The retailer, which trades on Nasdaq, will exit the index when the market closes on Sept. 4. LyondellBasell, based in the Netherlands, will take its place.
Sears has been wracked by stressed sales, store closures, brand spinoffs and consumer skepticism. But its retail struggles didn't cause its expulsion from the S&P club.
Instead, the number of shares Sears made available to the public, known as the "public float," "has been well below the 50% threshold for inclusion for an extended period of time and is no longer considered representative of the index," according to a statement from S&P Dow Jones Indices.
As a result, Sears may drop off the trading radar for many indexed funds that use the S&P 500 as a bellwether.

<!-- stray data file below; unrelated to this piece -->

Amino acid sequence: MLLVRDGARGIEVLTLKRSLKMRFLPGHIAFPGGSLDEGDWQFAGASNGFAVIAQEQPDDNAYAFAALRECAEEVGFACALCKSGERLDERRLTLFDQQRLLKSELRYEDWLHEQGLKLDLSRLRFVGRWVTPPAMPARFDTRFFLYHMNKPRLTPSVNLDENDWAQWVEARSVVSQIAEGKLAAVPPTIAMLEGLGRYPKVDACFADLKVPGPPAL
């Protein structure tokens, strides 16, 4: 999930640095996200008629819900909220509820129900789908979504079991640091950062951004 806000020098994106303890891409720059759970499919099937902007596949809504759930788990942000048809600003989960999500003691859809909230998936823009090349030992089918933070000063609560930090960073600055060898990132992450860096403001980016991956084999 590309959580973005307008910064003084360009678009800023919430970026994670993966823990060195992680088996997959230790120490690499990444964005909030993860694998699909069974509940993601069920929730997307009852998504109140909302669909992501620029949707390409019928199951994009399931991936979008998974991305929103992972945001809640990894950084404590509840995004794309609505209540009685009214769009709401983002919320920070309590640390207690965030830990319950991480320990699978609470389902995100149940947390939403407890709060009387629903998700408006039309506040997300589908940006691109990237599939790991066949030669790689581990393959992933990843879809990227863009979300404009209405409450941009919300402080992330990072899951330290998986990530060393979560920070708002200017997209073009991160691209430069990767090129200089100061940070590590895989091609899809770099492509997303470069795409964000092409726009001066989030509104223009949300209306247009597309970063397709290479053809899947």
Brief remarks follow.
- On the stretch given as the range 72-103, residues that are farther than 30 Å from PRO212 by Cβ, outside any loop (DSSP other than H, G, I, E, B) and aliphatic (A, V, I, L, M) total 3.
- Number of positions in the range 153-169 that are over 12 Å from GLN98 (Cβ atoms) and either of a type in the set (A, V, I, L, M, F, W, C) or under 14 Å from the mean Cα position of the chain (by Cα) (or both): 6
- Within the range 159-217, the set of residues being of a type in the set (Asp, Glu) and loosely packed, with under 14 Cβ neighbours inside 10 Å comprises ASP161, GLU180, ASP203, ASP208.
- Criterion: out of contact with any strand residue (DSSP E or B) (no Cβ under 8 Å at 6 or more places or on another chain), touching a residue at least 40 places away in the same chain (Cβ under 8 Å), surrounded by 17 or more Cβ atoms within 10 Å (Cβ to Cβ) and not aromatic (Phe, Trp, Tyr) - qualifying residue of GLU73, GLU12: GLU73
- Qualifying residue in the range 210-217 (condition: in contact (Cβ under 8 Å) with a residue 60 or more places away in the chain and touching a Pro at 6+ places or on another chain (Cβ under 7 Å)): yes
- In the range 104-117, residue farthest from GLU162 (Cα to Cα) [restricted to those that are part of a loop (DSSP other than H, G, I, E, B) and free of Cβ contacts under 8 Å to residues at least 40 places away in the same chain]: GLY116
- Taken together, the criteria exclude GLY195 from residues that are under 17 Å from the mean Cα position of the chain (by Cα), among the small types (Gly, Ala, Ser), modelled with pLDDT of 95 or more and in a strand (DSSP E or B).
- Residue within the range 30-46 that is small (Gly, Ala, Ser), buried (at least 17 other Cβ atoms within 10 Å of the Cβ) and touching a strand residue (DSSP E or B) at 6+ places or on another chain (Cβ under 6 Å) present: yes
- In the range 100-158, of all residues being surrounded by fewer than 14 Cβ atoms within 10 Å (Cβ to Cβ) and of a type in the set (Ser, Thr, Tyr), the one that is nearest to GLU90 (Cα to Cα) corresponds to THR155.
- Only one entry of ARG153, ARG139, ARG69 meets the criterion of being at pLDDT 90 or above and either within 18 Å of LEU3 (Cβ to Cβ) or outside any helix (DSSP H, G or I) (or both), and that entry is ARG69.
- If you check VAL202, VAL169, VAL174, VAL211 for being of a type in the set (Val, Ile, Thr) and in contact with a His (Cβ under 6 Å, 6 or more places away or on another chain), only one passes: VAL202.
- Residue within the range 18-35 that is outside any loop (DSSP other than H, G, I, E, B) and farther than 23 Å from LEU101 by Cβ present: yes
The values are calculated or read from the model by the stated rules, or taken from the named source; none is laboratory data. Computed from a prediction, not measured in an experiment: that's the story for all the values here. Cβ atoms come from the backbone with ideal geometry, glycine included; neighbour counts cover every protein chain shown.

Sears, in a statement, said it is "disappointed" in the decision but stressed that the action does not reflect "the valuation or performance of the company."
"We would also highlight that S&P recently boosted Sears Holdings' credit ratings outlook to stable from negative, saying the company had improved its liquidity through our financial and operational discipline," the company said.
Sears stock has swung wildly in the last 52 weeks, trading between $28.89 a share and $85.90 a share. In midday trading in New York, the retailer's stock was down nearly 8%, or $4.50, to $52.95 a share.